• 12. > futureGOV RESEARCH www.futuregov.net > futureGOV When it came to information transfer, nearly 75% of the respondents said workflow connectivity involved other GoAs, as shown in Figure 3, below. From this group, about a quarter indicated that they shared and RESEARCH transferred information often, implying that there was a heavy volume of transactions for a significant number of GoAs. However, more than > futureGOV a quarter of those surveyed did not share or transfer information with other organisations. Those who said they currently do not share or transfer information said it was because their current workflow RESEARCH did not involve other agencies, and/or they lacked the software systems needed for processing requests within their workflow. yes, often - 51% no, sometimes - 26% no - 23% u Figure 3: Frequency of sharing and transferring of information across GOAs in response to requests for government services. The survey revealed that over 80% of Hong Kong and Singaporean IT managers had interactions with other GoAs (Figure 4, below). of these, over half said they interacted with other GoAs over less than half of their total transaction volume. of special note, nearly 20% said they did not engage other GoAs, which suggests that these IT managers must be in highly independent branches within their government. between 76 to 100% of cases between 51 to 75% of cases Less than 50% of cases never u Figure 4: Degree of interaction with other GOAs. 9 I 20
  • 13. > futureGOV RESEARCH www.futuregov.net > futureGOV Although there appears to be a wide range of connectivity platforms across GoAs, there are trends showing that the complexity of the transactions is itself growing, especially around serving the public. RESEARCH nearly 70% of the respondents believed there will be an increase in the variety of information that will be shared across GoAs over the > futureGOV next five years, which will likely require a corresponding diversification of communication channels. RESEARCH This is believed to lead to an increasing complexity of processes used to manage the information load (Figure 5, below). The remaining third did not believe there will be an increase in the variety of information over the next 5 years. This may only indicate that these professionals handle more basic processes and are simply not involved in functions that need cross-department information, nor inter-department approvals for fulfilling transactions. yes - 68% no - 32% u Figure 5: Will there be an increase in variety of information shared across GOAs in response to requests over the next 5 years?. 10 I 20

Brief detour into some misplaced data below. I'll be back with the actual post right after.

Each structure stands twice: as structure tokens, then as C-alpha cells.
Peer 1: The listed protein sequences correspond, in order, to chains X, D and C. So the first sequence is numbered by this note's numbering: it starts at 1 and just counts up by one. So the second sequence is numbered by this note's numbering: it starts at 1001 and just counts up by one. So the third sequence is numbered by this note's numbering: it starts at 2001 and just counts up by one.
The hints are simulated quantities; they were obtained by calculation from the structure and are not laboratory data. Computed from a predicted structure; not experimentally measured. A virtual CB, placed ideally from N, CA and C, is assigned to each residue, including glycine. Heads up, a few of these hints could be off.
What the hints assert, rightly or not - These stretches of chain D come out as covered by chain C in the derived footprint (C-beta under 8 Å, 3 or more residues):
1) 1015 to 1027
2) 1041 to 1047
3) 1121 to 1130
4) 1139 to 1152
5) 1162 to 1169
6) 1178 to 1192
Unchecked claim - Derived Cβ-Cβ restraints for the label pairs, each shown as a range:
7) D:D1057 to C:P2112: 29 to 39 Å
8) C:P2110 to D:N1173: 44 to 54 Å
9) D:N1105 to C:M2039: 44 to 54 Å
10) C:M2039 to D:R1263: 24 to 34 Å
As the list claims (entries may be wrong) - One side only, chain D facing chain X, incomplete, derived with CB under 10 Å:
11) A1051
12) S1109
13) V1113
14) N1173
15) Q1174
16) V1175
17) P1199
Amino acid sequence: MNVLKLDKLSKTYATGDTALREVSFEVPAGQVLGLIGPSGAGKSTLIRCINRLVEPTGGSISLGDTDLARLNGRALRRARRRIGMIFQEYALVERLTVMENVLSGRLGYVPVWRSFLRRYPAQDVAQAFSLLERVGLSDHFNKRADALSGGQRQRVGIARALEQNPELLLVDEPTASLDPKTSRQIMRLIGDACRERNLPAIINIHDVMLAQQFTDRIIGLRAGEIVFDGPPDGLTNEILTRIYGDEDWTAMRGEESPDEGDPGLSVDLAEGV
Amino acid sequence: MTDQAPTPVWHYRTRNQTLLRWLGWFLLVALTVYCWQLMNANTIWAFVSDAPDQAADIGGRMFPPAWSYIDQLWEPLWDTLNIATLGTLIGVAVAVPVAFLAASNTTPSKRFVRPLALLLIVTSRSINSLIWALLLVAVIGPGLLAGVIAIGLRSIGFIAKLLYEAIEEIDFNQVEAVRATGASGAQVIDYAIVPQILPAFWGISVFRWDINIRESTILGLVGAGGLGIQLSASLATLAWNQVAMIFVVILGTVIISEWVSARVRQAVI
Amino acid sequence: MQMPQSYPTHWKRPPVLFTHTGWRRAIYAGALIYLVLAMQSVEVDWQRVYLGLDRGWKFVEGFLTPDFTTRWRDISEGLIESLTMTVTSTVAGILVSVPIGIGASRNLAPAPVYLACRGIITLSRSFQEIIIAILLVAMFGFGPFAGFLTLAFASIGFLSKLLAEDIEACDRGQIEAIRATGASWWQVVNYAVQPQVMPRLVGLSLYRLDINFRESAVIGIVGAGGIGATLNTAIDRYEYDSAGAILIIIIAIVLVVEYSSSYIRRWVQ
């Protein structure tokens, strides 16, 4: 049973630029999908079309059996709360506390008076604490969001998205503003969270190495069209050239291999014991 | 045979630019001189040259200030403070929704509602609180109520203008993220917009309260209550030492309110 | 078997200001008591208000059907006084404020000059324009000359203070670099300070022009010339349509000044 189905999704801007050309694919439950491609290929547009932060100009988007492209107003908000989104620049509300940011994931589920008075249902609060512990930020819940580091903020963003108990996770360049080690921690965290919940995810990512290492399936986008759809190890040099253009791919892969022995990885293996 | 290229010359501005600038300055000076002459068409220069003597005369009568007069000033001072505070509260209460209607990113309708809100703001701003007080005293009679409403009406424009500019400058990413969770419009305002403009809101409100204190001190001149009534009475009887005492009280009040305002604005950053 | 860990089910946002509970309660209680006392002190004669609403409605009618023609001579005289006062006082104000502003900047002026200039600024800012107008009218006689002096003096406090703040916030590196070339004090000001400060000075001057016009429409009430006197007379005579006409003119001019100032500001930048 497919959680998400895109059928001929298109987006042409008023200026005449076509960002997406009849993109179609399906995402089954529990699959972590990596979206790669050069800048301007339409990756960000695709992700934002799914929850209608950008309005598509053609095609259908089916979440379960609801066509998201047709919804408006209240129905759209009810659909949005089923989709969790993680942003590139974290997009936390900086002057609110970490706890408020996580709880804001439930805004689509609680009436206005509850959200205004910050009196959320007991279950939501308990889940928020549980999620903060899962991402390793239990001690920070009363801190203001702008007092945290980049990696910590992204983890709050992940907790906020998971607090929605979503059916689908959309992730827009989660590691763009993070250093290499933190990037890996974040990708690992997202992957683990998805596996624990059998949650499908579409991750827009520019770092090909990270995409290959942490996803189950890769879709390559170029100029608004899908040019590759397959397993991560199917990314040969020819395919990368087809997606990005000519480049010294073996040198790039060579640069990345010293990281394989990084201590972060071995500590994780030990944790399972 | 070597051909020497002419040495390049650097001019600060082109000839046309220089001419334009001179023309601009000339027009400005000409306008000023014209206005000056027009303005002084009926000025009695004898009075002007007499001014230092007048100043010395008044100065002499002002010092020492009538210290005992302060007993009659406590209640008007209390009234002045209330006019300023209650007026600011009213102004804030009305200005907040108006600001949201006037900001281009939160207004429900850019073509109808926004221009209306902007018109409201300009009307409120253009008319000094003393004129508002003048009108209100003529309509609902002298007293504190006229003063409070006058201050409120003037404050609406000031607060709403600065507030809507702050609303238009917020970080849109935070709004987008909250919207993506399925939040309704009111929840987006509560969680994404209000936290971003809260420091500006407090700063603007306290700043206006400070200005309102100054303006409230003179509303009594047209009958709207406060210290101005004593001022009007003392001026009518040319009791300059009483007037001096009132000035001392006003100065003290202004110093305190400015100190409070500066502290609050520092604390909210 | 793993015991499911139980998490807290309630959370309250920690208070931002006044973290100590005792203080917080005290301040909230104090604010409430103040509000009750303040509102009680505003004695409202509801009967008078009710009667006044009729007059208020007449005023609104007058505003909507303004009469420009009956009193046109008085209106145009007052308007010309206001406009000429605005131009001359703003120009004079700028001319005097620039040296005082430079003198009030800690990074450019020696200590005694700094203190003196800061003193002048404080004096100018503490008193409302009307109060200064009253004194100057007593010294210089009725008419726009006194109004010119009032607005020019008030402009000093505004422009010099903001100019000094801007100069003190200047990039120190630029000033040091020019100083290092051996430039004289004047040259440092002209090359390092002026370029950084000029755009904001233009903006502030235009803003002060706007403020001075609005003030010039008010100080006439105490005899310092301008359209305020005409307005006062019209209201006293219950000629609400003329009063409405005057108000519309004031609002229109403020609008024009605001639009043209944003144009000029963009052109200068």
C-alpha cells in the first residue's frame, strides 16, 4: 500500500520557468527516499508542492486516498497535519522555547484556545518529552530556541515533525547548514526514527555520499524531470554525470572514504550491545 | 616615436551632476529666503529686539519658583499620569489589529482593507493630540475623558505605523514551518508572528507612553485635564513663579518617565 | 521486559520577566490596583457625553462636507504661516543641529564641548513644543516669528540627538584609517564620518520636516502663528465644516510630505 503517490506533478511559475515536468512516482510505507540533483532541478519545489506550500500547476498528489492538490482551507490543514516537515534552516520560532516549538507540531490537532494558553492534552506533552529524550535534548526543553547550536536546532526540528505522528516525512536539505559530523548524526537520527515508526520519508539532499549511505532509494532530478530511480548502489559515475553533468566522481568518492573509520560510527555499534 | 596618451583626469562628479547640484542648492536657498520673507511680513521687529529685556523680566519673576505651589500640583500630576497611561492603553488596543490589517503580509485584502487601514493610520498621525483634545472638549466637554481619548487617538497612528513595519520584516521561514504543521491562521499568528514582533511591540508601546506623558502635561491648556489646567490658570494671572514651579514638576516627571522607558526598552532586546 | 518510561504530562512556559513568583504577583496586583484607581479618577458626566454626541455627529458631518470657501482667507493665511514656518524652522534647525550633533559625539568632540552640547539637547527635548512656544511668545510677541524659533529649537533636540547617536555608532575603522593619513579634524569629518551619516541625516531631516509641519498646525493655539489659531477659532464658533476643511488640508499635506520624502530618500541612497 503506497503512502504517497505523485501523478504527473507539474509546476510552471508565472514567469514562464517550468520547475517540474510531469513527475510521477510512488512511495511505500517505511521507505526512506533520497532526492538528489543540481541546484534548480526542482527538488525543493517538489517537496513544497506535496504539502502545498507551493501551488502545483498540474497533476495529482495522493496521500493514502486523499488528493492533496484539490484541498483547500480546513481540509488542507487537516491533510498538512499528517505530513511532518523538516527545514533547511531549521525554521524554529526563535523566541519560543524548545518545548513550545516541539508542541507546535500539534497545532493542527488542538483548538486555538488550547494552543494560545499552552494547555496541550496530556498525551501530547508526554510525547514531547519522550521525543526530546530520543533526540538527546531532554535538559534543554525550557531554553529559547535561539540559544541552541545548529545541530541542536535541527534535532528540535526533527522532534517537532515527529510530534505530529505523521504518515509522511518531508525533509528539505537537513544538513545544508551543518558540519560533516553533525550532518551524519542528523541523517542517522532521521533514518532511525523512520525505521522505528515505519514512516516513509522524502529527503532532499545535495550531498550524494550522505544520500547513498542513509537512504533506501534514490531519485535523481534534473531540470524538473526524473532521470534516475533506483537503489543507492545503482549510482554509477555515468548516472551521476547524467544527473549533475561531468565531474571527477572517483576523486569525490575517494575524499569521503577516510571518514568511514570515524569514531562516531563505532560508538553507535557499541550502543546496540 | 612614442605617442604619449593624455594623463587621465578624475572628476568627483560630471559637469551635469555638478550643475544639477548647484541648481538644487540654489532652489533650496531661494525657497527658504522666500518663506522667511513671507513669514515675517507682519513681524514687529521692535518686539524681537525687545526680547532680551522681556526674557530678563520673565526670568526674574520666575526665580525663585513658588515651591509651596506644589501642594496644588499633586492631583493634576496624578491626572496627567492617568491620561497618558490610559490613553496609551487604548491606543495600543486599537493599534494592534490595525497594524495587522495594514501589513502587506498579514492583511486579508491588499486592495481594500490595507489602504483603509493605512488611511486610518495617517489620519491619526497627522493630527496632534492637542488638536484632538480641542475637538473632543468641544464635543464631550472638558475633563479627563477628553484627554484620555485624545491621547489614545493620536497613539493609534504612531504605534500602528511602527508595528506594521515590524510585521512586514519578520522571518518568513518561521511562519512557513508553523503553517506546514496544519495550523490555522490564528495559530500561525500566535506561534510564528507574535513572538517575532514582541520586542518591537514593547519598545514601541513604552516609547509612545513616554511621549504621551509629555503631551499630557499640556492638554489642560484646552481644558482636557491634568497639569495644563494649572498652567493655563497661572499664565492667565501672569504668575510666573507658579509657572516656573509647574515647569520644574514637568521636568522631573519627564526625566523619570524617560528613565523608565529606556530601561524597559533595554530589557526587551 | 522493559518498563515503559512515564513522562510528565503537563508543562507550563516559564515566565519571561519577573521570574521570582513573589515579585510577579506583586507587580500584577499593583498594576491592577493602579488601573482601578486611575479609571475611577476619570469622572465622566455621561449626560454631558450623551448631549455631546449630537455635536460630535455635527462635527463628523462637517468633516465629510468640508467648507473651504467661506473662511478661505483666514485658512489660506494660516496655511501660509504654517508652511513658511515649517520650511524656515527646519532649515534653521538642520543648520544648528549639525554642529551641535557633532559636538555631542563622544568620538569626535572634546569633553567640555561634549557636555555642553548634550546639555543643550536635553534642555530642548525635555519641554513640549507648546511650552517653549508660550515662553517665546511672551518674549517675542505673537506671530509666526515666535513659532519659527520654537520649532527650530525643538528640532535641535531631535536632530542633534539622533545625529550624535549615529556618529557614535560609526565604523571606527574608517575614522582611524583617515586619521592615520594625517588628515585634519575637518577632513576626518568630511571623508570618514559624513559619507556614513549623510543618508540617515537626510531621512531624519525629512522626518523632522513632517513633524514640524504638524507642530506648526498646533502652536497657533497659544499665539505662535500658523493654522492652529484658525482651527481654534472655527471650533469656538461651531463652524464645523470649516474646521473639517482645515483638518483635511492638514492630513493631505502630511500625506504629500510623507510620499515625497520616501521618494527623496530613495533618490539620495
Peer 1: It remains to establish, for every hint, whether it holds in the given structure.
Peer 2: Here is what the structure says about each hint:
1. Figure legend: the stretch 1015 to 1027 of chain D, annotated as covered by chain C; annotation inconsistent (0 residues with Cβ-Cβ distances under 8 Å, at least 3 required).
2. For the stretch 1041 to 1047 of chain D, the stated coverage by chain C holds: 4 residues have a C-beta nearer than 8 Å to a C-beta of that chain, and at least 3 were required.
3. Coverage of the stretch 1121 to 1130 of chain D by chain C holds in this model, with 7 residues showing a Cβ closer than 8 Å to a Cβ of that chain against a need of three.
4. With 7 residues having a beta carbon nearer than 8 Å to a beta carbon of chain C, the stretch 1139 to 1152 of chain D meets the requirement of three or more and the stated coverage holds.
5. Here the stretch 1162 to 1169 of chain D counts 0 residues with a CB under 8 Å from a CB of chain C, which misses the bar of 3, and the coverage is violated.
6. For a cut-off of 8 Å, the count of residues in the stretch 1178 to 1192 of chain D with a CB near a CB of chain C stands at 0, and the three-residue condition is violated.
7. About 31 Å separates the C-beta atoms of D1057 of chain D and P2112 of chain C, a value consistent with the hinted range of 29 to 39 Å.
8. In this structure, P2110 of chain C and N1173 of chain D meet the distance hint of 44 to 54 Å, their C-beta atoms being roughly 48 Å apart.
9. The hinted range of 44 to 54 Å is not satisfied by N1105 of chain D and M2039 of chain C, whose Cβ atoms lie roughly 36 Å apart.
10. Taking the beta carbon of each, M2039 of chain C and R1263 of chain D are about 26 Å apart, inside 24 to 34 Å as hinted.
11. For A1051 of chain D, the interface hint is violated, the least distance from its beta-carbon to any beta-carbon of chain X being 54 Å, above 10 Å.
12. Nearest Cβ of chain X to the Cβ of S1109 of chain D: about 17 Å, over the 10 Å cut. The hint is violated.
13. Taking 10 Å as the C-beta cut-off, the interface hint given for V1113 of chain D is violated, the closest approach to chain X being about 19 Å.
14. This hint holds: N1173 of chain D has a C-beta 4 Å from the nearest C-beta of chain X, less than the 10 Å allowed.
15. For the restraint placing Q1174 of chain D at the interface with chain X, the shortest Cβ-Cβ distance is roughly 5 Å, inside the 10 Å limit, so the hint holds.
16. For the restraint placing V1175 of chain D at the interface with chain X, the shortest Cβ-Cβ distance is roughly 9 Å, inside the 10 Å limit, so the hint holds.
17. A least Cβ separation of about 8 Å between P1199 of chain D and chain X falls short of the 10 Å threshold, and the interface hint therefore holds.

• 14. > futureGOV RESEARCH www.futuregov.net > futureGOV There already exist indications that the method of sharing and transferring information across GoAs is calling for more complex systems than those already in place. results indicate that two- RESEARCH thirds of respondents already use some online and real-time systems for file sharing and transfer, while 75% of respondents > futureGOV still use traditional offline methods (Figures 6 and 7, below). These results show that contemporary GoAs blend both online RESEARCH and offline file transfers, and this may simply mean that we are in a transition phase of moving toward a fully integrated online/real- time platform. In any case, a large number of GoAs are already using complex systems to support their interactions with other GoAs, which should increasingly become the norm. yes, often - 24% yes, sometimes - 41% no - 35% u Figure 6: Respondents already using online/real-time methods for file sharing/transfer. yes, often - 15% yes, sometimes - 60% no - 25% u Figure 7: Respondents who use traditional/offline methods for file sharing/transfer. 11 I 20